Early-life gut microbiota develops in three stages

According to a study published on Nature, the intestinal microbiota of infants make-up changes over time in 3 phases: 3-14 months, 15-30 months and 31-46 months.
Table of Contents

  • What is already known on this topic
    Gut microbes are associated with a wide range of diseases, including type 1 diabetes. But how the gut microbiota changes over time is poorly understood.

  • What this research adds
    By analyzing more than 12,000 stool samples from about 900 children aged 3 to 46 months, the Environmental Determinants of Diabetes in the Young (TEDDY) study identified 3 distinct phases of microbiome progression: developmental phase (3–14 months of age), transitional phase (15–30 months), and stable phase (31 months onwards).

  • Conclusions
    The study offers the most-detailed picture yet of how the gut microbiota develops in early life, particularly in relation to type 1 diabetes, and opens new avenues for work on the role of gut microbes in health and disease.

The gut microbiota make-up changes over time in 3 phases: developmental phase (3–14 months of age), transitional phase (15–30 months), and stable phase (31–46 months), researchers reported in the journal
Nature. The study, led by Christopher Stewart of the Baylor College of Medicine, in Houston, Texas, indicated that breastfeeding is associated with higher levels of Bifidobacteria, whereas weaning leads to increased microbial diversity. Vaginal birth is associated with an increase in Bacteroides. Other factors, such as living with siblings or pets, influence gut microbiota profiles, the team has found.

The development of the gut microbiota during infancy and childhood has been shown to influence the pathobiology of diseases later in life. But no studies have characterized the early-life gut microbiota in detail.

The Environmental Determinants of Diabetes in the Young (TEDDY) study is the largest clinical study on the infant microbiome to date. For 10 years, the study has been collecting samples from six clinical centers in Europe and the United States to determine what triggers type 1 diabetes in children at high genetic risk for the disease.

The researchers analyzed a total of 12,500 stool samples from 903 children, aged 3 to 46 months, from 3 European countries (Germany, Sweden and Finland) and 3 US states (Colorado, Georgia and Washington). After collecting stool samples monthly, the team characterized their microbiome and functional metagenome.

Three distinct phases of microbiome progression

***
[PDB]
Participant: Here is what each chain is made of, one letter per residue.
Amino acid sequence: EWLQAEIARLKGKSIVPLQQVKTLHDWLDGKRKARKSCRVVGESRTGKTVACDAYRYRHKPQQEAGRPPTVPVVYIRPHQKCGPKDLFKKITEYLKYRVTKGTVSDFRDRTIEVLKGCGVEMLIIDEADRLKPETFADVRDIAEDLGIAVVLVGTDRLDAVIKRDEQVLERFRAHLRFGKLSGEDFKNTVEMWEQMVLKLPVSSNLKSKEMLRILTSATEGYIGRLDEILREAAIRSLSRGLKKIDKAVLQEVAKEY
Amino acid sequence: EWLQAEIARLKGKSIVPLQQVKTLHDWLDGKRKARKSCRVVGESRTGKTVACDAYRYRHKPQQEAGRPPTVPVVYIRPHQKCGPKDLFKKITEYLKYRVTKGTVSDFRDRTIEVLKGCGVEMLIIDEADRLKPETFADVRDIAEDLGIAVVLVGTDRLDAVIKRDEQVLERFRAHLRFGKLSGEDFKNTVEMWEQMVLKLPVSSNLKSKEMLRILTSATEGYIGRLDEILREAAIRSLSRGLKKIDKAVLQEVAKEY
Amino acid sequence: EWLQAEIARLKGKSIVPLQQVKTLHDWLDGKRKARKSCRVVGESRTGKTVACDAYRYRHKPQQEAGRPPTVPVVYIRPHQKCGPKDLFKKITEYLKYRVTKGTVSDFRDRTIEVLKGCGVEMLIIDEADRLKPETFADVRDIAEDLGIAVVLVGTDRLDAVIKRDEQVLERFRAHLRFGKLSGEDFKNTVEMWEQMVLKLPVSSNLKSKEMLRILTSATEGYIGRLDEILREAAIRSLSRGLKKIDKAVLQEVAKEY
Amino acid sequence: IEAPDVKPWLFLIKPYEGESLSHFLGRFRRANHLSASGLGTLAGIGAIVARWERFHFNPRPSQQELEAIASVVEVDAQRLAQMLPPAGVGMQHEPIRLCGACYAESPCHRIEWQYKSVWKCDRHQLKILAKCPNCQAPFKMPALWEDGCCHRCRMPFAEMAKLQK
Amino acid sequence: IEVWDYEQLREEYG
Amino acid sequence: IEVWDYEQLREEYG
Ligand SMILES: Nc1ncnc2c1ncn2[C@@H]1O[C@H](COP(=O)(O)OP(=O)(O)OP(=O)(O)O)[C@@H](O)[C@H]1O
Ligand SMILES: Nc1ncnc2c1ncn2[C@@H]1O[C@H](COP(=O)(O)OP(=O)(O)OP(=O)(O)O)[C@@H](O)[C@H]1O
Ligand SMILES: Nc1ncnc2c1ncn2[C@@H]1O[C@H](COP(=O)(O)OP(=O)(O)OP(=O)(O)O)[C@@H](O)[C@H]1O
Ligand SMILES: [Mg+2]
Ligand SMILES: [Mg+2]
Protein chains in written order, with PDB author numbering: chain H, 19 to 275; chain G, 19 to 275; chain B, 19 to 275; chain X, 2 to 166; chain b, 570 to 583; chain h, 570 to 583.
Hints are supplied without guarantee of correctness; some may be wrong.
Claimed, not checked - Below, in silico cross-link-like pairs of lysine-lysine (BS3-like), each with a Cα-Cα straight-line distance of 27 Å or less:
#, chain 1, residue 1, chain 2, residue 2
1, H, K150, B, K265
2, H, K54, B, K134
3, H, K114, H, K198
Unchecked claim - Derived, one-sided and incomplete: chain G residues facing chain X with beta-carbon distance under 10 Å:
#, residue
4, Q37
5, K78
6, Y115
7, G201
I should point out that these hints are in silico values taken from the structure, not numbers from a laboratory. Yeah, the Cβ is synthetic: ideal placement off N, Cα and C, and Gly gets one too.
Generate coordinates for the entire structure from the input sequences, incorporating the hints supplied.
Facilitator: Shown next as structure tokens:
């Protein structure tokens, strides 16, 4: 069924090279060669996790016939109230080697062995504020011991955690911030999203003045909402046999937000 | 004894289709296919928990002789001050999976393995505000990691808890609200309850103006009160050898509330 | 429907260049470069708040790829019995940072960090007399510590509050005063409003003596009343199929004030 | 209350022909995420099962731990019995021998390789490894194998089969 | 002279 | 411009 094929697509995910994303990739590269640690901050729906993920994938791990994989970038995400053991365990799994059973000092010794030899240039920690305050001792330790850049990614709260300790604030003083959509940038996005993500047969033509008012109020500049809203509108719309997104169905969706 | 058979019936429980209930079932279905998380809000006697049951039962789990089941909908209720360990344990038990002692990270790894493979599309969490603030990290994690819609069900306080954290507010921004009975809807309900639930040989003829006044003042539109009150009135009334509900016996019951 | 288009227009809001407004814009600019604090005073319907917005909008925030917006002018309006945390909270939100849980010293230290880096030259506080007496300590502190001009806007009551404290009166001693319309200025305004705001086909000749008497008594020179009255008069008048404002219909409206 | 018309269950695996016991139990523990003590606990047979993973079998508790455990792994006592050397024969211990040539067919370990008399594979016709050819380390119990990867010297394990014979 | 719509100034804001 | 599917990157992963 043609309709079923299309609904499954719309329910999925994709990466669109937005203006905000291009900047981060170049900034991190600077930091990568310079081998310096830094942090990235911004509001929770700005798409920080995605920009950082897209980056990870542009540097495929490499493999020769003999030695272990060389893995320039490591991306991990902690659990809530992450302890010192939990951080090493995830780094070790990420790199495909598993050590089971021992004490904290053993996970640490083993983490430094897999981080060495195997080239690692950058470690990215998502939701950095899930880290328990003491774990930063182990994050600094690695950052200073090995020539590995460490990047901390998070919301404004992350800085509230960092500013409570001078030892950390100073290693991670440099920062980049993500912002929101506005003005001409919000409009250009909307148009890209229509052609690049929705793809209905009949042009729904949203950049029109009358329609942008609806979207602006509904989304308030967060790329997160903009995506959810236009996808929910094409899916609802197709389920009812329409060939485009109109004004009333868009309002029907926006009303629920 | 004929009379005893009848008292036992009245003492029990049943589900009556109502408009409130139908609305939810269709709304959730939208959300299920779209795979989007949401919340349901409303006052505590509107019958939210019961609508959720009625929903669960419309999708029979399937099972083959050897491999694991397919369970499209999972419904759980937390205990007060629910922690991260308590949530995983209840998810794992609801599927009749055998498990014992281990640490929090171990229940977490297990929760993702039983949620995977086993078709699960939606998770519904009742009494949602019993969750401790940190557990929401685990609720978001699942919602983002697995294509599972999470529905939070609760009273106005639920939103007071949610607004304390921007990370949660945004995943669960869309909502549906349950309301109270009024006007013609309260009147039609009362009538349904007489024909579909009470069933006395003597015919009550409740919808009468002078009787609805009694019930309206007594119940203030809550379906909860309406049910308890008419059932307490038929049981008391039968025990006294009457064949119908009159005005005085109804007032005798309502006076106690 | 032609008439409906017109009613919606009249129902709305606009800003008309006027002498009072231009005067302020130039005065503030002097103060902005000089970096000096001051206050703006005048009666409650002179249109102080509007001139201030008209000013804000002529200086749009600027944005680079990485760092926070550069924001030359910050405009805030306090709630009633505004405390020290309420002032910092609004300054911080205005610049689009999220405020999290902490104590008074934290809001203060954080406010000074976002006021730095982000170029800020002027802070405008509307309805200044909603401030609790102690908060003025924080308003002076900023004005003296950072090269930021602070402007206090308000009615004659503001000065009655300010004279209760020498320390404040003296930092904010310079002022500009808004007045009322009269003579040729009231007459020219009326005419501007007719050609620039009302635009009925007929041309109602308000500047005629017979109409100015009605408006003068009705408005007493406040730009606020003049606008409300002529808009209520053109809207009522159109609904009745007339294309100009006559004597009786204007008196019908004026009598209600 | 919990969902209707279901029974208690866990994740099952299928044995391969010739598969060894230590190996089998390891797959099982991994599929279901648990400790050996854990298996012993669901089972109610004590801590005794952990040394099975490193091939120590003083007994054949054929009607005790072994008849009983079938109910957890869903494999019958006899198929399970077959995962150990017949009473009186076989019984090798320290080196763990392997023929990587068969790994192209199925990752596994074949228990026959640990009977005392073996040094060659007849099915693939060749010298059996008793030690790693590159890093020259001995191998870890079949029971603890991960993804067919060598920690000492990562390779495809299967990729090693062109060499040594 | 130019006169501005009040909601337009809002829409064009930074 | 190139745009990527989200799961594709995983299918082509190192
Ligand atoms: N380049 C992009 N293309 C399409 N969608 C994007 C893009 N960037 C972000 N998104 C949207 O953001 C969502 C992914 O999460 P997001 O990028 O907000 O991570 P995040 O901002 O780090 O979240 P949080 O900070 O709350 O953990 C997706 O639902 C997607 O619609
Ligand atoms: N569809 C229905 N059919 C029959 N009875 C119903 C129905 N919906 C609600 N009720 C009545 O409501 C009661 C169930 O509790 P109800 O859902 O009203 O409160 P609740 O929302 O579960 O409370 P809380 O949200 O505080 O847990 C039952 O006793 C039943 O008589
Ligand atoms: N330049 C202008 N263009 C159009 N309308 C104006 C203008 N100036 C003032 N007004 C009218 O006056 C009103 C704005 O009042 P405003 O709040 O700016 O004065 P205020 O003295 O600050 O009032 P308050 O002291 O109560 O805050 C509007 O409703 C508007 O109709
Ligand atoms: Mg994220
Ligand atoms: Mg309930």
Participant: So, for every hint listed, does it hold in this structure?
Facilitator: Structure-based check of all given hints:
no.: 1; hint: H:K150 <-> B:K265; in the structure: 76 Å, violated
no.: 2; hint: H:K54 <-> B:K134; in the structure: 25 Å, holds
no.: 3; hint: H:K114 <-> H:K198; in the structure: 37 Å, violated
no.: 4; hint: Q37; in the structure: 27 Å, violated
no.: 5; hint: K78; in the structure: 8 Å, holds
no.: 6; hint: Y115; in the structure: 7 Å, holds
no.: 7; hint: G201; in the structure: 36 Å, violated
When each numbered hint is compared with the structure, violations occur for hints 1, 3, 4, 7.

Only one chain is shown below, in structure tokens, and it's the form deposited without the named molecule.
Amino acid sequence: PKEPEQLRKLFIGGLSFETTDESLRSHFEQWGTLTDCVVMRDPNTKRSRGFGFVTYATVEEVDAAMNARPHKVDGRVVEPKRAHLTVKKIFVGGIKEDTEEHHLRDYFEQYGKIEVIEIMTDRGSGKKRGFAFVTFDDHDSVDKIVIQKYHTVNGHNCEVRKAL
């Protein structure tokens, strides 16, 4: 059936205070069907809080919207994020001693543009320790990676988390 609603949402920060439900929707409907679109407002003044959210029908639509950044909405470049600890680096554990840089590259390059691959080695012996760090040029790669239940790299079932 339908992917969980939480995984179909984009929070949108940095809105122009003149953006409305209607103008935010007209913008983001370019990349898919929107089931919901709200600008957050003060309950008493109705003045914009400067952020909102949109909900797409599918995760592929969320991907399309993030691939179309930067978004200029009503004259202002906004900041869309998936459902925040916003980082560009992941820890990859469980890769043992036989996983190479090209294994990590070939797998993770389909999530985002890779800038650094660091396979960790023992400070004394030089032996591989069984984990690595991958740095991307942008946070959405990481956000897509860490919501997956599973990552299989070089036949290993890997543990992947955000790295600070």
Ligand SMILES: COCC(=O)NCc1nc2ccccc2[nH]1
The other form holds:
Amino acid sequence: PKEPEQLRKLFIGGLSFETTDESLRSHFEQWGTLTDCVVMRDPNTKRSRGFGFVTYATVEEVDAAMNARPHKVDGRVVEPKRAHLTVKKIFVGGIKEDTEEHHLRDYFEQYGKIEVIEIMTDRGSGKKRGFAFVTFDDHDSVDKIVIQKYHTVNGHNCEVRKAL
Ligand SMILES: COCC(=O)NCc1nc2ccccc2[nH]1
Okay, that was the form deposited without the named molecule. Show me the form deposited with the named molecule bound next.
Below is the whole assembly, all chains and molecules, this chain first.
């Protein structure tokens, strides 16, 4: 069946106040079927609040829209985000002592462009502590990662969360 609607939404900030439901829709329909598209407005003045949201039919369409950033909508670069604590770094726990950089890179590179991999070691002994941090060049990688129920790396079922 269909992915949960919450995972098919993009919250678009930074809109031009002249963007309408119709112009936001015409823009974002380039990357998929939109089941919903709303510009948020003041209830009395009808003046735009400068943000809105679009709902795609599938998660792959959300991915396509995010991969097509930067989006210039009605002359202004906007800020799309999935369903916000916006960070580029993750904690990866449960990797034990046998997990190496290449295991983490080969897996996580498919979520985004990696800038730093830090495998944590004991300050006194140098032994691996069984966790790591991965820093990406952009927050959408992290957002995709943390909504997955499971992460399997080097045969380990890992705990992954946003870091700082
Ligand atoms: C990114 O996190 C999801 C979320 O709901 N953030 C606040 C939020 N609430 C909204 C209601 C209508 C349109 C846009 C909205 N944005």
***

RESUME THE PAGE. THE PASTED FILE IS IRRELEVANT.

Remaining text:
Analysis of 16S rRNA gene and metagenomics sequencing data showed that the gut microbiota make-up evolves over time in 3 phases: developmental phase (3–14 months of age), transitional phase (15–30 months), and stable phase (31–46 months).

Bifidobacterium species dominated during the developmental phase. As children grew up, their gut microbiota increased in diversity until it stabilized from 31 months of age.

Breastfeeding influences microbiota development

Breastfeeding was associated with the presence of Bifidobacterium species, with higher levels of B. bifidum, B. breve, B. dentium, Lactobacillus rhamnosus and Staphylococcus epidermidis, and lower levels of Escherichia coli, Tyzzerella nexilis, Eggerthella lenta, Ruminococcus torques and Roseburia intestinalis. Bifidobacterium spp. and Lactobacillus spp. are found in breast milk, and Staphylococcus spp. on the skin surrounding the nipple, suggesting that these bacteria can be transferred from the mother to the child.

As the infants started to get weaned, the researchers observed less dominance of Bifidobacterium, and after the cessation of breast milk, 110 bacterial species, mainly belonging to the Firmicutes phylum, significantly increased.

Several factors contribute to microbiota development

In addition to feeding practices, birth mode was also associated with changes in microbiota composition over the first year of life. Vaginal birth, for example, resulted in higher levels of Bacteroides species.

Other factors were associated with differences in the early-life gut microbiota. For example, children living with siblings and pets showed increased rates of microbiota maturation.

What’s more, the group of children analyzed (white, non-Hispanic and at high genetic risk for type 1 diabetes) showed higher levels of Streptococcus and Lactococcus species in their gut compared to healthy individuals.

In summary, the study shows that the first year of life is crucial for the development of the gut microbiota, and breastfeeding is the main factor to affect microbiota composition. Other factors, such as birth mode, siblings, and pets are also associated with changes in the microbiota during early life.

Although scientists should be careful in extrapolating the findings to a wider population, the study provides insights into the link between gut microbiota, infant development, and type 1 diabetes.